There was some talk in that inning about Stanton’s hit-by-a-pitch because the Tigers’ starter was the one who actually hit Stanton in the face in September 2014 when Stanton was with the Marlins and Fiers with the Brewers and the reason he wore a helmet with a face guard for years. The experience tonight shook Stanton up a bit and it caused some immediate tension, but then Stanton came back in the 6th with a huge lead-off solo home run.

The Yankees loaded up the bases again in that inning never got the chance to cross home again, and thus fell short in the 2nd game. Honestly, the Tigers’ bullpen outpitched the Yankees, with a total of 14 strikeouts.

Final score: 4-2 Tigers, meaning the Yankees win the original series 2-1 from April

Roster moves prior to today’s games: the Yankees sent Tommy Kahnle to AAA Scranton in order to reinstate Adam Warren from the DL and bring him into today’s doubleheader. Clint Frazier was also added as the 26th man just for the doubleheader, and he certainly helped the Yankees when called upon.

Next up: the Yankees head to Toronto for a short 2-game series there before heading back to NY. But they are scheduled for a 3-game weekend series at CitiField, so at least they get to sleep in their own beds.

And the annual amateur draft started tonight and will take place over the next 2 days. Each team selects one young player from a pool of high school and college students per round for 40 rounds, plus 2 auxiliary rounds following 1st and 2nd rounds as part of some off-season trades (but the Yankees didn’t get any picks for these special rounds).

The Yankees held pick #23 (the 1st round) and #61 (the 2nd round) overall. They selected 2 catchers — ambidextrous high school senior from Georgia Anthony Seigler and a sophomore from a Texas community college Josh Breaux. And the best part of that pick was having Yankees Draft Rep Nick Swisher say “Bro” at the official draft, something he says in his trademark speech patterns.

The Draft continues tomorrow with Rounds 3-10. It’s worth noting that some of the current Yankee stars were selected much further down in the Draft than you’d expect — Gardner (3rd), Betances (8th), Robertson (17th), Austin (13th), Bird (5th), and Montgomery (4th). So you never know where the next great Yankee is going to pop up.

Go Yankees!

 

Game 75: NYY vs. CHW — Last-second loss in Second City

The Yankees are now 37-1 when leading in the 9th inning, thanks to tonight’s game. And up until then things were looking rather hopeful in this second game (of four) of this series on the south side of Chicago.

Honestly, Luis Severino threw a beautiful game tonight — 105 pitches in 7 innings, giving up 6 hits, no walks, and a single run, and striking out a whopping 12 White Sox batters. Easily one of his more dominant starts. In the 3rd, a lead-off single moved to 2nd on a 1-out single and then scored on a 2-out double to get the first run on the board.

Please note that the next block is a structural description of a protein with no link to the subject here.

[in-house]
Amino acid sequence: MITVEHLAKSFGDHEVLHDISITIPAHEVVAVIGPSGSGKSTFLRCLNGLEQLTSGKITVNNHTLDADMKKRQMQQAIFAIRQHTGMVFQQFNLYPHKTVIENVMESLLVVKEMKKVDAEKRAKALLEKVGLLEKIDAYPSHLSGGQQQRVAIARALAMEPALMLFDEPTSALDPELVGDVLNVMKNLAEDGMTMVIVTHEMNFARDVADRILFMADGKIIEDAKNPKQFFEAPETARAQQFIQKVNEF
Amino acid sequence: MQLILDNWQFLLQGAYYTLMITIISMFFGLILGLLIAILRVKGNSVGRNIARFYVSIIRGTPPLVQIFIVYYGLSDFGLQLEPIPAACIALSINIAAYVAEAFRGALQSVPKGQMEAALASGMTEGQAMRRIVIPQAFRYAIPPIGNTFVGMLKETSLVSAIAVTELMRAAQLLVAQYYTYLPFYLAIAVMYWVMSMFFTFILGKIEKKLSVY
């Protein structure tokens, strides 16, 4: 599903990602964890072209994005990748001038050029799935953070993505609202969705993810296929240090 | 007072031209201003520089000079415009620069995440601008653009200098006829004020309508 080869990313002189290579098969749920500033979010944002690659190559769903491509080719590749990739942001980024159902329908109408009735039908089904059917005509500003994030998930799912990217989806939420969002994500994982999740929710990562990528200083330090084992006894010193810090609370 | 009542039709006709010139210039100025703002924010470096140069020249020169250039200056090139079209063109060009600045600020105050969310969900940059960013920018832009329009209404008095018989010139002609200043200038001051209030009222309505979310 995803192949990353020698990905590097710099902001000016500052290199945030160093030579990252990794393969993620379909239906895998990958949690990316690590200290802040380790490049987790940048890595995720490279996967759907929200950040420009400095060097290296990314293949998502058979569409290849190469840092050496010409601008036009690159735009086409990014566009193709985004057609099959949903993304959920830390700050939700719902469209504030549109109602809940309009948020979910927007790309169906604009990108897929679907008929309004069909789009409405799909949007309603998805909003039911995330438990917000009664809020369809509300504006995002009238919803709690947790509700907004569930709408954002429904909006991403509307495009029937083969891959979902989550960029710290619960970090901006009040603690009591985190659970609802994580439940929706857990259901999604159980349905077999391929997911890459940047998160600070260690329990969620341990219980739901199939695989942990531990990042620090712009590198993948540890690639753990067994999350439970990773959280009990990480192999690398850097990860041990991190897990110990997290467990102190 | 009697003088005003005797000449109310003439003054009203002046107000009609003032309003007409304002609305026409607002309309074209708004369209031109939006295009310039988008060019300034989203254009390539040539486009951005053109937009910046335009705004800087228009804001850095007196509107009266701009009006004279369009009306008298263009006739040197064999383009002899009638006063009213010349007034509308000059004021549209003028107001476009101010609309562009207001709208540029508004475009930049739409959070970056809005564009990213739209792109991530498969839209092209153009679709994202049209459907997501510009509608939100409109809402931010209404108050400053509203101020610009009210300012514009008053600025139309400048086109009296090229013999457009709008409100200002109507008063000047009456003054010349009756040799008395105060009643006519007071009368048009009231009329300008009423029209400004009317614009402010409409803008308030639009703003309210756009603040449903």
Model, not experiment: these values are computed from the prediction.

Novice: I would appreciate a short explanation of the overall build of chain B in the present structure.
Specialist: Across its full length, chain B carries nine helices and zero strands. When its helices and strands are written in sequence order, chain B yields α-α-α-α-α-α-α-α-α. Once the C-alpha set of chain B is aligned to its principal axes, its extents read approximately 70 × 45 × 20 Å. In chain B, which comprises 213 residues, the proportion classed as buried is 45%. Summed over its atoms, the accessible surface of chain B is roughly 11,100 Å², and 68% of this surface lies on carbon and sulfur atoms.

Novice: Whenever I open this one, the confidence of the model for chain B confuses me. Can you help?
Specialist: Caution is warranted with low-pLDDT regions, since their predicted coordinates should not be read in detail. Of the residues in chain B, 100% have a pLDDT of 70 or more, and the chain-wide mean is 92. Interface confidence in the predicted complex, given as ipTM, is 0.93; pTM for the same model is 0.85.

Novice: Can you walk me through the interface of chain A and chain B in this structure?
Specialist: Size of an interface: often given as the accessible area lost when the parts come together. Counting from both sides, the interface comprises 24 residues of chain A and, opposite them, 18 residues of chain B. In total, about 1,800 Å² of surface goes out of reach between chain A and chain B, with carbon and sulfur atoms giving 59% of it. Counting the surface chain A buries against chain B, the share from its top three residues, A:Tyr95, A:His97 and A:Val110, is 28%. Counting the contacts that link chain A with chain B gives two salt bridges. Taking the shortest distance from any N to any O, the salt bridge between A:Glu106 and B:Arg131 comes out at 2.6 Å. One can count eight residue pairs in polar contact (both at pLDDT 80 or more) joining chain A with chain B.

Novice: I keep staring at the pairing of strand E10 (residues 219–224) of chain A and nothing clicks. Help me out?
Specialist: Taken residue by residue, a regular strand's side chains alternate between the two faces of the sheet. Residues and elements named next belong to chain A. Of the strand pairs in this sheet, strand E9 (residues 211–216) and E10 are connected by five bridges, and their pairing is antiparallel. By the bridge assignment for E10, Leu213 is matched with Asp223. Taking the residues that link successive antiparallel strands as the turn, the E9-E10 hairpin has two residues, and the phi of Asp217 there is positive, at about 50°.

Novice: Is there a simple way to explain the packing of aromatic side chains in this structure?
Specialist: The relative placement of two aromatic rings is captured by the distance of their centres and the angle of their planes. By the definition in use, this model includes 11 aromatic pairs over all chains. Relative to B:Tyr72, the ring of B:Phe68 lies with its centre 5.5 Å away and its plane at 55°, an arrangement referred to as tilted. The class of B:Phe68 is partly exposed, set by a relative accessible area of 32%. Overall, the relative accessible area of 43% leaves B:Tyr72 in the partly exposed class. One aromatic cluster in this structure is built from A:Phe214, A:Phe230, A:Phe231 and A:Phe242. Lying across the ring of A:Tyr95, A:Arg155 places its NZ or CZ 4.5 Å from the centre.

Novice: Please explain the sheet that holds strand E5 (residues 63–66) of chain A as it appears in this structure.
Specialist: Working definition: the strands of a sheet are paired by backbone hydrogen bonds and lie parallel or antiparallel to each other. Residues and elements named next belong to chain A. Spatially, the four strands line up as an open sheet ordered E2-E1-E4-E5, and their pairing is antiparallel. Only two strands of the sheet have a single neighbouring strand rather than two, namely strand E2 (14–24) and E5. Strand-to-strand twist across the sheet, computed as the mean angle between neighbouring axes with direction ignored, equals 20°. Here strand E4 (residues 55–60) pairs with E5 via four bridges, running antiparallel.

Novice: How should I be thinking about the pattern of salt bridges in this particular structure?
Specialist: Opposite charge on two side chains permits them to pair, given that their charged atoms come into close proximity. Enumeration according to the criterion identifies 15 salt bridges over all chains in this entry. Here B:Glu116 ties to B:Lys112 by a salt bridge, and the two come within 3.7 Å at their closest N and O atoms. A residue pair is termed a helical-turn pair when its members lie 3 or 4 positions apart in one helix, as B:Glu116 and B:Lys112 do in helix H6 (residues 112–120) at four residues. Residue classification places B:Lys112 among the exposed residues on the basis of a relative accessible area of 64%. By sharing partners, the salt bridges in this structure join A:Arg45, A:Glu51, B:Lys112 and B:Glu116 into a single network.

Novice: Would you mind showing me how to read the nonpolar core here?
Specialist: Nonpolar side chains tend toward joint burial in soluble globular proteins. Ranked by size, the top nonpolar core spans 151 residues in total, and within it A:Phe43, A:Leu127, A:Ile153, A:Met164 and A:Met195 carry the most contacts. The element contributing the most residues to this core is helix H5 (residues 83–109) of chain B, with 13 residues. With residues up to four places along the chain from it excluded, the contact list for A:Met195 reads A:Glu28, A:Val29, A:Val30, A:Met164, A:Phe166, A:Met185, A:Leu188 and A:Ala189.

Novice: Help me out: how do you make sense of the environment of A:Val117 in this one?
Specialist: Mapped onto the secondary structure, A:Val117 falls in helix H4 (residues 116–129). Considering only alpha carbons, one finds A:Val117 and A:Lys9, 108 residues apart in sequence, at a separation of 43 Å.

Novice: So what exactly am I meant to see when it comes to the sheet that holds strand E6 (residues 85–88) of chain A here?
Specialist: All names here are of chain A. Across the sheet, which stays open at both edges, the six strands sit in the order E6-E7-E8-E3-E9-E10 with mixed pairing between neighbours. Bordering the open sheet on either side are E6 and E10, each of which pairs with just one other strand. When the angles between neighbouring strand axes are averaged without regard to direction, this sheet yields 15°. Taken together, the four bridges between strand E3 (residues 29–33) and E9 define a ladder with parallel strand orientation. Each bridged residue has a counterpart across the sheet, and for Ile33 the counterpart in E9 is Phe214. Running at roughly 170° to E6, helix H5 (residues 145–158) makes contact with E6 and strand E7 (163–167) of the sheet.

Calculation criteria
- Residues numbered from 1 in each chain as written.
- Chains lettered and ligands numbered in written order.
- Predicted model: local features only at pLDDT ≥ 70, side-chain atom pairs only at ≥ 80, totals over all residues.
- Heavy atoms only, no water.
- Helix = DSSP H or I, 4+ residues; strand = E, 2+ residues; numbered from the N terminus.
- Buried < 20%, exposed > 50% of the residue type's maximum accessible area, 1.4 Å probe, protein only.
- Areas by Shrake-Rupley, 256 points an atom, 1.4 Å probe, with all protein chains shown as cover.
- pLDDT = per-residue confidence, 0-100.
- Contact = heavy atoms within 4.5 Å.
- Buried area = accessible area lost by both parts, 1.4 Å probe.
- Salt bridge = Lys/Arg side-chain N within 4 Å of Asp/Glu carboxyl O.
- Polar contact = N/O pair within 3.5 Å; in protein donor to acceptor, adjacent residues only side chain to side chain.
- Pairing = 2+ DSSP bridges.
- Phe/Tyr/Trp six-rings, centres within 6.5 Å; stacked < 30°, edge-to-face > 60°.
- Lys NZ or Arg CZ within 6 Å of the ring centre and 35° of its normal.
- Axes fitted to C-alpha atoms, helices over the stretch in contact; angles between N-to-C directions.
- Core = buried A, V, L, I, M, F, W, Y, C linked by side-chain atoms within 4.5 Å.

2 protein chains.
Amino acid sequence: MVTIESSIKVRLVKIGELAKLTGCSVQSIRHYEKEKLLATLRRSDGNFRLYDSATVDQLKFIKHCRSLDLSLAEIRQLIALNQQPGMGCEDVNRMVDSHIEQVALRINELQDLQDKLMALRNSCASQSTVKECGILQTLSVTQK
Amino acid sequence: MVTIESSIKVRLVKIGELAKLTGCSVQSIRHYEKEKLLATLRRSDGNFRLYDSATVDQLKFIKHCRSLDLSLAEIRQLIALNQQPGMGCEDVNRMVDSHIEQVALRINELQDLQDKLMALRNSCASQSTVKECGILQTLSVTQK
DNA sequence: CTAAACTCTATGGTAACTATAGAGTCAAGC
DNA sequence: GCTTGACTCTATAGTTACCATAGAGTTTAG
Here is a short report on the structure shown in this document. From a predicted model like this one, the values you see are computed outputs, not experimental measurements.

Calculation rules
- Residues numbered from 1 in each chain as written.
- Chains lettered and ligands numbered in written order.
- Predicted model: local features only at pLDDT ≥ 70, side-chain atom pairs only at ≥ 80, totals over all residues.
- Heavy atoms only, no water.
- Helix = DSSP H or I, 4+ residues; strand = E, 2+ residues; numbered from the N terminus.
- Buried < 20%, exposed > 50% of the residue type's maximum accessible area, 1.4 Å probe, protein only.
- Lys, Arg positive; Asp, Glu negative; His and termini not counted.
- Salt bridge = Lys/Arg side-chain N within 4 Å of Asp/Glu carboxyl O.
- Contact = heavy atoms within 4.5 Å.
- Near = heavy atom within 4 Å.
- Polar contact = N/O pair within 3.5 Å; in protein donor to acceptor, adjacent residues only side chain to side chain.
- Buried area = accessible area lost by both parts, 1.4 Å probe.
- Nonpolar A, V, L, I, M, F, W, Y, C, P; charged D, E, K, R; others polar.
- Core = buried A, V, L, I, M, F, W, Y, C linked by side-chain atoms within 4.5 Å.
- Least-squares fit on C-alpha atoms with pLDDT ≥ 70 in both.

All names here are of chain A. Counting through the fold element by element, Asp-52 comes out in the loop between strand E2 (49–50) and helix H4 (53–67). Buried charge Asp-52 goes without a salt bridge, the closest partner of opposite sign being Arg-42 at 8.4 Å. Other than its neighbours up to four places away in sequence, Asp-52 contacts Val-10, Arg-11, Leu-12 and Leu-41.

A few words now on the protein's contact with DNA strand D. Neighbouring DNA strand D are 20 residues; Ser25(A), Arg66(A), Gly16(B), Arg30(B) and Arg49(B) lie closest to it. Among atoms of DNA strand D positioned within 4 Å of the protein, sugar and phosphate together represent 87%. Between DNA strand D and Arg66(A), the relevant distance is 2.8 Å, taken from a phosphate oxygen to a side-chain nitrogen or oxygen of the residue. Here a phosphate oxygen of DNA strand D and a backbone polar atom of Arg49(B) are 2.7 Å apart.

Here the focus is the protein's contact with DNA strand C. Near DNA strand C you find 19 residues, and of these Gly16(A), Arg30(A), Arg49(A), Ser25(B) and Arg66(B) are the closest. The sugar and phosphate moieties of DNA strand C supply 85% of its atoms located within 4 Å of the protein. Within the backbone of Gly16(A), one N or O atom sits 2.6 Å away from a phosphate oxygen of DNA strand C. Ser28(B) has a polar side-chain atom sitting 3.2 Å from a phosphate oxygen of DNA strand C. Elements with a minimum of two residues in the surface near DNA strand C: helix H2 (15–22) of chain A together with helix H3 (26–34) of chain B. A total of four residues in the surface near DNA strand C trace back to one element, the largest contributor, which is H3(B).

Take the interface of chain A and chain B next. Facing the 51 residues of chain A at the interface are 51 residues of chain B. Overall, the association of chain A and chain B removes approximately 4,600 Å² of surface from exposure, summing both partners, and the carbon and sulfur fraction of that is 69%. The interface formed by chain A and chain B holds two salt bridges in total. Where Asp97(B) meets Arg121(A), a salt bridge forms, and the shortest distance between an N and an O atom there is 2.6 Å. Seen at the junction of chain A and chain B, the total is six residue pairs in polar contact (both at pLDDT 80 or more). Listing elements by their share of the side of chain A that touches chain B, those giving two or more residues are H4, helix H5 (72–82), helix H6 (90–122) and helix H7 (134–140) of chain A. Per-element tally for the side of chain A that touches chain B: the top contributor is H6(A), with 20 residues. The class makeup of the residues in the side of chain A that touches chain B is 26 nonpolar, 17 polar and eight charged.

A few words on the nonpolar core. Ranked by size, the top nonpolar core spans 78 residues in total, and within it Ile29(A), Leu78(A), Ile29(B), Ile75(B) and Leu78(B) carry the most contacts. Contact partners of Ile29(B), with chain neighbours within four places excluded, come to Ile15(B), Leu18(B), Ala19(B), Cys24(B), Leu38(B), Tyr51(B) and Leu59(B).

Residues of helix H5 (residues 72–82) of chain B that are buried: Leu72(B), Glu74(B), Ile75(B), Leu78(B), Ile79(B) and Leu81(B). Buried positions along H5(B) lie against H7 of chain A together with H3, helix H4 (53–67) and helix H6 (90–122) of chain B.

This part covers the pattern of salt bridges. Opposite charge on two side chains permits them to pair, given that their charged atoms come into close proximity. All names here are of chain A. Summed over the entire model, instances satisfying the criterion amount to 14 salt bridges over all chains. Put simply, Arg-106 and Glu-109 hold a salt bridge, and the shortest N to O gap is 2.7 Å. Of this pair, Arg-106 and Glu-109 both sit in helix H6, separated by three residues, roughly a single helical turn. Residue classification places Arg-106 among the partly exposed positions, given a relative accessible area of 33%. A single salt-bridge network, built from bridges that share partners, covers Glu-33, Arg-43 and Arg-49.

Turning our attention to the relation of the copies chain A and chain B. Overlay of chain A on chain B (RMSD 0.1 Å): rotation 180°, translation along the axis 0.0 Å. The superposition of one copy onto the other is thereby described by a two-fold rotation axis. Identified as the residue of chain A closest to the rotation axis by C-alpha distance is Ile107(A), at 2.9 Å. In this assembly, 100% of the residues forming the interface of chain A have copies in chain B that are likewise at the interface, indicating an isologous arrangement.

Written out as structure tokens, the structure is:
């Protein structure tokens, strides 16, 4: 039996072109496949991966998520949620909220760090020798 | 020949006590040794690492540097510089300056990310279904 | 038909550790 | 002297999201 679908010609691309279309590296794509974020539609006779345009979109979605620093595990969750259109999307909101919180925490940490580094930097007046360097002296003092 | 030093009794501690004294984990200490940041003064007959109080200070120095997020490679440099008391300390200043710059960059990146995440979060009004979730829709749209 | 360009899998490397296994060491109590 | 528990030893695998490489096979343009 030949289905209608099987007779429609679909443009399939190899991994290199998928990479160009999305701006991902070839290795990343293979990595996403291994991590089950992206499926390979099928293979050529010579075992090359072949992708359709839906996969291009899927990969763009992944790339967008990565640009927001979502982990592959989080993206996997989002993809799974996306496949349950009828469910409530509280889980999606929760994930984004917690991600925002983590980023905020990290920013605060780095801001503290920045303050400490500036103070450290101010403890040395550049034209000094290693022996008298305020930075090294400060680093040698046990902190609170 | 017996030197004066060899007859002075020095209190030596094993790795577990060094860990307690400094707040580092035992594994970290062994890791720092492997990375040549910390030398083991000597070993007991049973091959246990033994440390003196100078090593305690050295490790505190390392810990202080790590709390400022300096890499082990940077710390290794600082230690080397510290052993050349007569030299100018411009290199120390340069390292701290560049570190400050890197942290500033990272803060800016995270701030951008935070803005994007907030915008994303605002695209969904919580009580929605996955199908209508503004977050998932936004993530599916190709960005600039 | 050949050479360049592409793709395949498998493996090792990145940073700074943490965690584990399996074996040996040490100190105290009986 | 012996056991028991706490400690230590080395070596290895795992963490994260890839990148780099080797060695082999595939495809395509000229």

Meanwhile, the Yankees offense was a bit stymied by the White Sox’s starter, only getting 2 hits but 4 walks off him, so they weren’t exactly advancing much. In fact, they didn’t do much until the second reliever they faced in the 8th inning.

With 1 out, the Yankees called on pinch-hitter (and recent call-up) Tyler Wade (making his MLB debut). Wade ended up working a walk and moved to 2nd on Ellsbury’s single. After another out, Aaron Judge broke the stalemate with a single and scored Wade to tie up the game. Then it would be Gary Sanchez’s solid double to score both Ellsbury and Judge for a little cushion. But that would be all the Yankees would get all game.

Domingo German came on for the Yankees in the 8th, now that Severino was on the hook for the win. All he had to do was breeze through 3 outs. But that seemed to be a bit difficult as he threw just 10 pitches to 2 batters, 8 of which were balls to walk both batters. So, with no outs, the Yankees called on Tyler Clippard.

Clippard needed an opportunity to get back on track, and tonight seemed to be the night. Despite loading the bases with a walk, he got a great strikeout and a fly out to get the Yankees’ hopes up. Another walk scored the lead runner, putting the White Sox within 1 run of the Yankees’ lead before getting a much-needed strikeout to end the rally right there (and excite Girardi, which almost never happens during a regular game).

And had this been the 9th inning, this would have been a great game. But it wasn’t, so it wasn’t.

The Yankees turned to Dellin Betances, who seemed to follow the suit of the bullpen recently. With 1 out, Betances loaded up the bases with 2 walks and a hit-by-pitch. After a fly out put both teams on the edge of their seats, Betances gave a single that scored 2 runners — the tying run and the winning one. A walk-off single to hand the White Sox the win.

Final score: 4-3 White Sox

Roster moves: After yesterday’s game and tests, the Yankees placed Starlin Castro on the 10-day disabled list with a right hamstring strain. So they selected the contract of Tyler Wade from AAA Scranton/Wilkes-Barre and called him up to make his debut with the Yankees tonight. They also optioned reliever Jonathan Holder to Scranton and recalled Tyler Webb for a fresh bullpen arm.